This is the flip side of demands for responsible disclosure, after all: responsible disclosure, to be effective, absolutely requires responsible remediation on the part of vendors. Researchers will only choose to disclose to vendors if they can be reasonably assured that, in doing so, they are providing an effect that is more positive than fully disclosing to the world at large. With vendors delaying their remediation and demanding more and more time before disclosure, the risk of some other group finding the vulnerability goes up - and not all groups are interested in bug bounties or 'responsible disclosure' when they are able to make a profit in black markets.
Firm deadlines are a compromise. They allow for responsible disclosure, and they enforce responsible remediation. Provided that each side behaves in a responsible manner, the benefit to the computing public is maintained.
Indeed, 90 days may be too long a time period for responsible remediation, especially given the rapid development cycles that have been put into place in major companies. In many cases, even a single patch cycle might be too long, due to the fast-moving nature of exploit development.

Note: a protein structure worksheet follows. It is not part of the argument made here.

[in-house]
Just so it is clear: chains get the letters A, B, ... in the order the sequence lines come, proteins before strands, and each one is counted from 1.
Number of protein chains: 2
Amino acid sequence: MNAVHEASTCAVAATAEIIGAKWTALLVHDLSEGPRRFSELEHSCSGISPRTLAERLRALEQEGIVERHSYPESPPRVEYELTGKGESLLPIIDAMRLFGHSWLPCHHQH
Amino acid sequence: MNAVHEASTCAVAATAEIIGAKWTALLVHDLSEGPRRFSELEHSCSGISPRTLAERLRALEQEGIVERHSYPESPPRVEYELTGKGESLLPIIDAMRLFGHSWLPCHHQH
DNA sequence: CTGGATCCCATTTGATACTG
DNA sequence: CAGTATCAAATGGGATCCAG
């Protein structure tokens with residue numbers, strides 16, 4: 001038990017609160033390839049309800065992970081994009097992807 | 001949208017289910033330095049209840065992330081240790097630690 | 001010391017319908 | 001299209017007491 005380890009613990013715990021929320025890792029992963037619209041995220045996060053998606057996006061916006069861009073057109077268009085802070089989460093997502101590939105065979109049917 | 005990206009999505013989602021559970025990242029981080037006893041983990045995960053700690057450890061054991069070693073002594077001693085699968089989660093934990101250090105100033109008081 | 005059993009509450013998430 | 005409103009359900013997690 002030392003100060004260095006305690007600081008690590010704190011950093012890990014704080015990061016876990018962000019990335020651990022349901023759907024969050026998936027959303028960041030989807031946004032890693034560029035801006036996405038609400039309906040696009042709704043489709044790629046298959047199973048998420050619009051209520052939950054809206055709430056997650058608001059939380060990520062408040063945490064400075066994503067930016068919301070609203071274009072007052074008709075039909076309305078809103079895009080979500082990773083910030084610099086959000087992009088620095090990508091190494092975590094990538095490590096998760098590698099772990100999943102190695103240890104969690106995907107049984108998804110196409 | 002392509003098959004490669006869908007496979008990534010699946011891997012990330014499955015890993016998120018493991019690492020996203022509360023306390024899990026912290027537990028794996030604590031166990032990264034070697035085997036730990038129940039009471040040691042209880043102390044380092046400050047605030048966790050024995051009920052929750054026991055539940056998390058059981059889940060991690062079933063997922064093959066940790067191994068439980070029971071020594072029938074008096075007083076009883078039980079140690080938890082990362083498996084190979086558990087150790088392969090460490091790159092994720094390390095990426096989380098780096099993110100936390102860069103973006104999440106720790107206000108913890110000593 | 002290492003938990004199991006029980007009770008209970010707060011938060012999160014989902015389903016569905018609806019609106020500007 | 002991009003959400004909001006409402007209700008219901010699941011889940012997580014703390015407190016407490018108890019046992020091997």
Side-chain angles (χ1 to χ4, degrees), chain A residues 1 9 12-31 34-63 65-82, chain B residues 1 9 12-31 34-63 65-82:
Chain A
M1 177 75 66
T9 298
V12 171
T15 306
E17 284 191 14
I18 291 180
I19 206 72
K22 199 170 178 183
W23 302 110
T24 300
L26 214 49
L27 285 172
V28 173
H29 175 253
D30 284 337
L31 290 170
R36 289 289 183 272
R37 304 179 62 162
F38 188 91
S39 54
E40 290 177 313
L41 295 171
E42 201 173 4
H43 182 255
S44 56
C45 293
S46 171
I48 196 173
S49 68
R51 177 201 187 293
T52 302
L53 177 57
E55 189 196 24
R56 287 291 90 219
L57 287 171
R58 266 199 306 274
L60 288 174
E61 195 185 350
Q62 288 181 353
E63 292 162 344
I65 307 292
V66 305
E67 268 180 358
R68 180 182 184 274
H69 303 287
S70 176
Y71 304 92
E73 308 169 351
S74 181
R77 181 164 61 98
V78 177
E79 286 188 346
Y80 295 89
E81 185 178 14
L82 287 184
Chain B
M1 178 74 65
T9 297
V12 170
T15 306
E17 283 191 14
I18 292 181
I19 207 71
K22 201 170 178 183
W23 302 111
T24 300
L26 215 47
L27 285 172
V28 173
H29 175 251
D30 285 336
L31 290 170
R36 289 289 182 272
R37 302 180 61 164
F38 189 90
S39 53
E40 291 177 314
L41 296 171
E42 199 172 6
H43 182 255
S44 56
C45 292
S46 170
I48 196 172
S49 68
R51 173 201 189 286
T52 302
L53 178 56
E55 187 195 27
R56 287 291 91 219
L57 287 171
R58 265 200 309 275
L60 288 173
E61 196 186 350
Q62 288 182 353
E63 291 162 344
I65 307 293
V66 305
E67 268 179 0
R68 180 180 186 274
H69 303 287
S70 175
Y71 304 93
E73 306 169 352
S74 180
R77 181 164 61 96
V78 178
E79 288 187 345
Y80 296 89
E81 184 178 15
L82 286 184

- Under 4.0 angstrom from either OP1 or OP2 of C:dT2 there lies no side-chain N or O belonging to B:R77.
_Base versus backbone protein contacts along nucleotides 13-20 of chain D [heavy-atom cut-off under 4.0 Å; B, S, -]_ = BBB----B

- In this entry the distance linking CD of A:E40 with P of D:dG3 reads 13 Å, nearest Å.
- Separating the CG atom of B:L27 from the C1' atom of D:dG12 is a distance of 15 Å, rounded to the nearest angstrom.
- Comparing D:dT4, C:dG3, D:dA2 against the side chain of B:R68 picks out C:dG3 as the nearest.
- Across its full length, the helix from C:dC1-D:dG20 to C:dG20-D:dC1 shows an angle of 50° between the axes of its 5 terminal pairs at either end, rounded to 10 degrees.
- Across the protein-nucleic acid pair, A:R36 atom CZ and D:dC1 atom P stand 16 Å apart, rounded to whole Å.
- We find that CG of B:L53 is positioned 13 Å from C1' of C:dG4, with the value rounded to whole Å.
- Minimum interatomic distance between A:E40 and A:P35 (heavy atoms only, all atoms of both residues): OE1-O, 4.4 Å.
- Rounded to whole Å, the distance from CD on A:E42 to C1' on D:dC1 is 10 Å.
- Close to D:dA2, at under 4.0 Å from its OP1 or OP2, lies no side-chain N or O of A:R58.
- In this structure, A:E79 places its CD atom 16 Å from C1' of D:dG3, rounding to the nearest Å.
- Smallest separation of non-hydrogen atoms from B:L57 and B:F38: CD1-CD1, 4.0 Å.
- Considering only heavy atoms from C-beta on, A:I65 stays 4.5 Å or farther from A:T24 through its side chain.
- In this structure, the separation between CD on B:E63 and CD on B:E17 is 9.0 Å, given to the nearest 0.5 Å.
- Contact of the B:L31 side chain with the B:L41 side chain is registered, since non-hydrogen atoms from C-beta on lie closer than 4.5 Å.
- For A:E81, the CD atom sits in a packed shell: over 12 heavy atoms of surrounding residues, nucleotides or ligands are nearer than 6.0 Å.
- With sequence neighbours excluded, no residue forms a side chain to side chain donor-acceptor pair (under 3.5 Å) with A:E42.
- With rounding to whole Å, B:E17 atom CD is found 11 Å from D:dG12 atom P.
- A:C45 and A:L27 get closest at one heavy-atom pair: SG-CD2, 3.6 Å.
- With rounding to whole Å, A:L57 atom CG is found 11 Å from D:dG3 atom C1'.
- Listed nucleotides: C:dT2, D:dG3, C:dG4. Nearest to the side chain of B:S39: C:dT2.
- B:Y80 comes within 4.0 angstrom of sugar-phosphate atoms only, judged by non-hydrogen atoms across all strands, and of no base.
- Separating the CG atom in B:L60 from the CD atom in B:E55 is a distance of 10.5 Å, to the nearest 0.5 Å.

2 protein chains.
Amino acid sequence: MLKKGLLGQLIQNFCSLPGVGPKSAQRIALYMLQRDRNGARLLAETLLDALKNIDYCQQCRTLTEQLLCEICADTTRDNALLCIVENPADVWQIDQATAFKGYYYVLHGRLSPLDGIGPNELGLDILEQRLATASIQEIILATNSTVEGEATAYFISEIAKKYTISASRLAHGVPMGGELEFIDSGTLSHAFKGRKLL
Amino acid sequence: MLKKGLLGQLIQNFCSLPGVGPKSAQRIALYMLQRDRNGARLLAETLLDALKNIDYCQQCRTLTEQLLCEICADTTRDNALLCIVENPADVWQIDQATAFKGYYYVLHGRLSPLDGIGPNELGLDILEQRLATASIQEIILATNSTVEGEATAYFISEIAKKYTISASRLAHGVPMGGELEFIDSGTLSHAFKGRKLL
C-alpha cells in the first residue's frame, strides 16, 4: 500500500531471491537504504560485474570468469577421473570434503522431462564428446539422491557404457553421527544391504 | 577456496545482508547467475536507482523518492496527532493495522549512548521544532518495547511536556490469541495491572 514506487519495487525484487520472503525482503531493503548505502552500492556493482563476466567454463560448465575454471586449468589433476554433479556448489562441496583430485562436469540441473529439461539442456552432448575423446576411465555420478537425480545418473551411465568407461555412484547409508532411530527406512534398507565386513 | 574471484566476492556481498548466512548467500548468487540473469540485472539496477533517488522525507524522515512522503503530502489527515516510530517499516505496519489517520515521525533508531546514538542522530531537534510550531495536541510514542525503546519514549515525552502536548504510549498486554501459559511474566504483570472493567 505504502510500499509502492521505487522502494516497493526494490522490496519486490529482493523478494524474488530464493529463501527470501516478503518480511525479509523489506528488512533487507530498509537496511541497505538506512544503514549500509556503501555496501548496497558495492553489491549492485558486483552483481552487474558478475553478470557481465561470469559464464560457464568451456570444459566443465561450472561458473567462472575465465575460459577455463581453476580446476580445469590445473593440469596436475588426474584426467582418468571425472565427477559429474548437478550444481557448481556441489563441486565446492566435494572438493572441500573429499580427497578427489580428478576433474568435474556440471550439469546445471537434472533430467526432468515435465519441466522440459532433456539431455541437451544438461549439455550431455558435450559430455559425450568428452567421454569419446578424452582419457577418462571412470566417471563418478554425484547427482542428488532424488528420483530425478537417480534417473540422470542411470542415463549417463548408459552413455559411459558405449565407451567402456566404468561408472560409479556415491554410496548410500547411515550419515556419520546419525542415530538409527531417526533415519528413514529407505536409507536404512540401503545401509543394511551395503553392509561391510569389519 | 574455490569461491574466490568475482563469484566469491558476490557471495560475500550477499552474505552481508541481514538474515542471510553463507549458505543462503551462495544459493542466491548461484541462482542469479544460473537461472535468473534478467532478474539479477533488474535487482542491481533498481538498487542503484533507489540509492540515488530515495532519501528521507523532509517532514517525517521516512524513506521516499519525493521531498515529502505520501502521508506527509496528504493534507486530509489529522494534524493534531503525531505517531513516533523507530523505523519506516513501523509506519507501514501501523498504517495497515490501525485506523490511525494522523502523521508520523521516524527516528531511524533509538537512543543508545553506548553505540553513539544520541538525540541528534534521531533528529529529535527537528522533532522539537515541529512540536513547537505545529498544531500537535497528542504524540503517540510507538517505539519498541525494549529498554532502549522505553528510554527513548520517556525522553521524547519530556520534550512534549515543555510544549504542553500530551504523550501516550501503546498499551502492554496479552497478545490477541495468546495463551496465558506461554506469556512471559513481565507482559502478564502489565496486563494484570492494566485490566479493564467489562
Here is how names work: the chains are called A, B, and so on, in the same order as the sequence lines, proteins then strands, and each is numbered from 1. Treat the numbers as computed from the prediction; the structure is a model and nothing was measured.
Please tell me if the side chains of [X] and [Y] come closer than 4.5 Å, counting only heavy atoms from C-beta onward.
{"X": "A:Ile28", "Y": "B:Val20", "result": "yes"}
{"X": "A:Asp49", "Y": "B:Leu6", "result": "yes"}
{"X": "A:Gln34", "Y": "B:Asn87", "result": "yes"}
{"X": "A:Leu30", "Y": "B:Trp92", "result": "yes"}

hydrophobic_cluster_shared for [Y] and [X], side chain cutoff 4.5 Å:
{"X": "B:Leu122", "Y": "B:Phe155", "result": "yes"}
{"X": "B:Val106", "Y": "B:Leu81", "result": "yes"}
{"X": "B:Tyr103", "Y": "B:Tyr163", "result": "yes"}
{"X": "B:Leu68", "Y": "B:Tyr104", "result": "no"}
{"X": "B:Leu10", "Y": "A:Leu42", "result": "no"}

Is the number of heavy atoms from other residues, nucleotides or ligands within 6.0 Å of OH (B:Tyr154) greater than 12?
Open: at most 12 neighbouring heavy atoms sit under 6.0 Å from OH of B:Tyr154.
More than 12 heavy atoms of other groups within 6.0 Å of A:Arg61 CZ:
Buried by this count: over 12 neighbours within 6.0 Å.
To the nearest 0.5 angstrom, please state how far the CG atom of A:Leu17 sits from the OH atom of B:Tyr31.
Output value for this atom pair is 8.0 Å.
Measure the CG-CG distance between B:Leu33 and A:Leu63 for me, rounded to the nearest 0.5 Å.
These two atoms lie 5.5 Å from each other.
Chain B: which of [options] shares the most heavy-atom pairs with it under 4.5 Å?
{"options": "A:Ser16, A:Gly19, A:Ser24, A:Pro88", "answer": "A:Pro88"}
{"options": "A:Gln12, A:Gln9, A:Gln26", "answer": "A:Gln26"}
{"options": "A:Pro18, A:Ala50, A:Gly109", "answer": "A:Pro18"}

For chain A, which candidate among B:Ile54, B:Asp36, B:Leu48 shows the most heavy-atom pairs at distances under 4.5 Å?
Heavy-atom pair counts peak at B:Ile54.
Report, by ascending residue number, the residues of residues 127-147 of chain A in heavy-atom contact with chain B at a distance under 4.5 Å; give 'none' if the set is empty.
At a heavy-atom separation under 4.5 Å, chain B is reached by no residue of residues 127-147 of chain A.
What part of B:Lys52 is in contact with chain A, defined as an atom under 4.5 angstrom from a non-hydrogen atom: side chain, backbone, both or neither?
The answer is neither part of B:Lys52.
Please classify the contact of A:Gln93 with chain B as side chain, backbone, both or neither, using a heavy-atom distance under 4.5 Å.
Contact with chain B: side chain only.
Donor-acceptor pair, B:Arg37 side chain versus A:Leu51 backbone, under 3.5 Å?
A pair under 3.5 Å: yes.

The pace of remediation is dictated, effectively, by the adversary: those who are using software vulnerabilities in criminal enterprises, and thereby damaging the customer, are the ones who set the tempo of remediation. Vendors who wait until they have already been exploited before they issue remediation instructions have already lost; their customers are being harmed while they work on developing a patch. Providing them with any time at all before their faulty code is being actively exploited is a win for them, as it gives them time to remediate their problems before they are exploited.
Keeping vulnerabilities secret is not sustainable. If one researcher found and reported it, there is nothing to stop another researcher from finding it and exploiting it, nor is there much to stop a malicious actor from breaking into the systems of the original researcher or (more likely) the vendor and finding out about the vulnerability.
Rather than fighting for longer deadlines-increasing the chances that the problem will be discovered by another researcher and put into active exploitation-vendors must instead prioritize remediation of reported issues to ensure that researchers continue to report vulnerabilities to them rather than immediately disclose them or, worse, sell them. If vendors want responsible disclosure, they must demonstrate that they are fully and totally committed to responsible remediation.